2014 in Review: The 7 Trends That Shaped Patient Access
December 19, 2014
by Amanda Conschafter, blog editor
Patient access encountered a range of challenges in 2014 – some old, some new. Here’s a look back at the top seven issues that drove physicians to advocate for their patients this year.
1. The FDA accepted its first biosimilar applications, fueling debate over naming and testing requirements.
- Why Doctors Need to Know When Pharmacists Substitute Biological Medicines
- In the Name of Patient Safety
2. Specialty tiers obstructed access to vital medications for patients on Affordable Care Act exchange plans.
- Specialty Tiers Hinder Access for ACA Exchange Patient
- Technology Fixes Don’t Solve Obamacare’s Access Problem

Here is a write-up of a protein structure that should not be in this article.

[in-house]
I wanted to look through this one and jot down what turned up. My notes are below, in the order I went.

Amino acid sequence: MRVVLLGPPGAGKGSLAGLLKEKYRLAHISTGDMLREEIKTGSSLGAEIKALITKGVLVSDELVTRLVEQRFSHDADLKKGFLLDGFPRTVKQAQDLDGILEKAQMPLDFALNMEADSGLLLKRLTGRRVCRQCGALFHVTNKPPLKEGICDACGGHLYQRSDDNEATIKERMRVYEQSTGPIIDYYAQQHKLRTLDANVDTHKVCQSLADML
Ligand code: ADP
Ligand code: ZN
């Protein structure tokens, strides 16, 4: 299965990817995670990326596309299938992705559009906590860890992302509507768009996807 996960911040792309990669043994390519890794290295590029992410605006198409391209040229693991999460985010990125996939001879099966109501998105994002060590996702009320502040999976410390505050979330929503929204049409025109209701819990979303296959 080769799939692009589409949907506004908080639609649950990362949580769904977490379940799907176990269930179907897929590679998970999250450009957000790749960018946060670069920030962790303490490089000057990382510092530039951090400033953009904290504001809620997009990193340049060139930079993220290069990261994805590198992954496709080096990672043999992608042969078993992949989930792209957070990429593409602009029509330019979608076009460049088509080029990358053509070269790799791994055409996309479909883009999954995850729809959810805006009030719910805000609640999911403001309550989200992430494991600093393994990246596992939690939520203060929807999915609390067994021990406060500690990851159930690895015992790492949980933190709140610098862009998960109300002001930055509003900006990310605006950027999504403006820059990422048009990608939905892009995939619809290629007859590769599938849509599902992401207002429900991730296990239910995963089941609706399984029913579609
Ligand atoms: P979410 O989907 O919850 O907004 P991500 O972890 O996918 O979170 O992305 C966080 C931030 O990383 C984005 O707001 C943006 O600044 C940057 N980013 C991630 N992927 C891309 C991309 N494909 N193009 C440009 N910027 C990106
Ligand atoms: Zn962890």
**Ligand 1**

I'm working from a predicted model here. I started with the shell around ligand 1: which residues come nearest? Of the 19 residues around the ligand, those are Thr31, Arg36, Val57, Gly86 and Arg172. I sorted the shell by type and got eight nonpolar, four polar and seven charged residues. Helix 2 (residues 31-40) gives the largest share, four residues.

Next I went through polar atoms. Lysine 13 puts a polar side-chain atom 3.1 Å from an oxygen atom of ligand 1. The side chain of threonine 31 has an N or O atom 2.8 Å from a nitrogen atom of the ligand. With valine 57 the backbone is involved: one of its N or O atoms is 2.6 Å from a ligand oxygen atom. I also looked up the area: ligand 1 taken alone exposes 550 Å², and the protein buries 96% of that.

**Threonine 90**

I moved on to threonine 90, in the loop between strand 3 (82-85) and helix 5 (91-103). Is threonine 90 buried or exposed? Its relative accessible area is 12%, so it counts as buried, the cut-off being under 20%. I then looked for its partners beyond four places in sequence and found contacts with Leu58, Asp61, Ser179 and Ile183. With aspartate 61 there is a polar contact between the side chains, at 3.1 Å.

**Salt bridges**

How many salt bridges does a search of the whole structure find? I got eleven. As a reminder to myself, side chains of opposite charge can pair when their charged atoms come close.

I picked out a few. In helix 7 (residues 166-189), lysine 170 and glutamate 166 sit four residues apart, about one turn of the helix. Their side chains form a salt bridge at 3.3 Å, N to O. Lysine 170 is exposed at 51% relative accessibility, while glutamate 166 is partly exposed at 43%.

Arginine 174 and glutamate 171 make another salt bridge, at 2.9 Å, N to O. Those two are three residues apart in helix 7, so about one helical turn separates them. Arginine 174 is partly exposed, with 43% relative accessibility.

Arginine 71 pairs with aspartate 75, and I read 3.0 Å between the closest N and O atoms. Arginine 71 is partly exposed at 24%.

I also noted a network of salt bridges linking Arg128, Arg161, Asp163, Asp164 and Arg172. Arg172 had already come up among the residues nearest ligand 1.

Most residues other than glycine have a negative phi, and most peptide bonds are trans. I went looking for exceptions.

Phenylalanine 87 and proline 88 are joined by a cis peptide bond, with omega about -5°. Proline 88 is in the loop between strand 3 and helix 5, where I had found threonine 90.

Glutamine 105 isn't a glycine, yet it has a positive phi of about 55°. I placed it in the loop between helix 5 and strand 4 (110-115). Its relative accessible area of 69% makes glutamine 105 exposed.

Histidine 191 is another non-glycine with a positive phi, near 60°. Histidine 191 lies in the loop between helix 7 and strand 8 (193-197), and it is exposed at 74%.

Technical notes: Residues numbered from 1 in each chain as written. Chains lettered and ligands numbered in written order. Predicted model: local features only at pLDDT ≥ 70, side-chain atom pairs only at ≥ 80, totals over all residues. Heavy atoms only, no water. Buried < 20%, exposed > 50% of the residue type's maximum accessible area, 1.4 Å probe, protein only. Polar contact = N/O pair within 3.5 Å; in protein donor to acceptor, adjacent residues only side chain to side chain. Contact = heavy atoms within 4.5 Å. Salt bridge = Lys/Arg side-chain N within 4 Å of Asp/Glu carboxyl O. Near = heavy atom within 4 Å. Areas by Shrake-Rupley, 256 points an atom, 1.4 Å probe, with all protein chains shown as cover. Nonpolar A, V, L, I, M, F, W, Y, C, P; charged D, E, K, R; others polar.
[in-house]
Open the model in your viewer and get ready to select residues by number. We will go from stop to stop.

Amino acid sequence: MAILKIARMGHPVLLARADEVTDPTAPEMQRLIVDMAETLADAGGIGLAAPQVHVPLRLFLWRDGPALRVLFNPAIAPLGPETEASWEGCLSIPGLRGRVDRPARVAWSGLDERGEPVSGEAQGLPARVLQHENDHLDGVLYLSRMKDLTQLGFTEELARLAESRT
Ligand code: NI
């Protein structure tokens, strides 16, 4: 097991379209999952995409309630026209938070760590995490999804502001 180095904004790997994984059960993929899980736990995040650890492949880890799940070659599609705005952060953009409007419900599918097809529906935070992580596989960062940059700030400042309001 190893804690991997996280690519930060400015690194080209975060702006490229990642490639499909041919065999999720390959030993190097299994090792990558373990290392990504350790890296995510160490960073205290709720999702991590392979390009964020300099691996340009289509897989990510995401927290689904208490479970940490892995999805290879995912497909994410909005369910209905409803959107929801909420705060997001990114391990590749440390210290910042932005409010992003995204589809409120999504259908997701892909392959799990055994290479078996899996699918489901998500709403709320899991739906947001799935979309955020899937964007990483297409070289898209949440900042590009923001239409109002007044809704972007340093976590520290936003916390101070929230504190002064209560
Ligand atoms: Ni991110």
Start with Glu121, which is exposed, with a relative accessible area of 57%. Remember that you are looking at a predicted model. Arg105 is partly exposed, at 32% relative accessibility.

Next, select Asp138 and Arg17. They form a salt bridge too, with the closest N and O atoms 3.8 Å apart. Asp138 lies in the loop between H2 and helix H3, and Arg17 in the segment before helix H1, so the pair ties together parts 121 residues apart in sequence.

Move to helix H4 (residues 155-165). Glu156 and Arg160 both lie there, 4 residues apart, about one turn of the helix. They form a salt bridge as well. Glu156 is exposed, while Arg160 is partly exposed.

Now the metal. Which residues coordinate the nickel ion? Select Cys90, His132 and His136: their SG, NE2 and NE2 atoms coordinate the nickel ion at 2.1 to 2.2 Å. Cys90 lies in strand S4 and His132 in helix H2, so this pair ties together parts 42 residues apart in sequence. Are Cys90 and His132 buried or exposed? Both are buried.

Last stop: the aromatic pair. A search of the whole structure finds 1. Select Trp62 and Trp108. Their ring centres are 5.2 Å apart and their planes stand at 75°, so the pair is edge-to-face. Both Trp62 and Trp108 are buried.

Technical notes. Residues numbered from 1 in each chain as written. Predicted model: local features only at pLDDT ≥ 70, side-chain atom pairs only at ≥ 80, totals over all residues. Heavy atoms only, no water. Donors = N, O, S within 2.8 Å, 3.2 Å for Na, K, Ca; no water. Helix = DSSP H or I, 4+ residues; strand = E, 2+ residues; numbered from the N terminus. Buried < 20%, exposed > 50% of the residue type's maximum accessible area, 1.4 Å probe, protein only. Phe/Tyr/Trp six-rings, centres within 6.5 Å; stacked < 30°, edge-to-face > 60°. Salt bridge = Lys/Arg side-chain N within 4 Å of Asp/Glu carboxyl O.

3. Cancer patients faced new threats to accessing life-saving medical therapies.
4. Efforts to address prescription pain pill abuse raised concerns about legitimate patient access.
- Abuse-Deterrent Opioid Formulations: Promising Technology, Unique Challenges
- Prescription Pain Medication: Preserving Patient Access While Curbing Abuse
5. Thousands of premature infants entered RSV season without preventative treatment.
- Protect Premature Infants from RSV
- Perinatal Providers Stand by FDA Indication in New RSV Prevention Guidelines
6. An unprecedented cure for hepatitis entered the market.
7. Mid-term elections welcomed waves of new physician-legislators to statehouses across the country.
- AfPA Health Policy Council Newsletter, Dec. 2014
Rejoin the Institute for Patient Access blog on January 5 to follow these – and emerging – patient access issues in 2015. Happy holidays!Tags: Biologics, Hepatitis, Oncology, Pain
Categorized in: Blog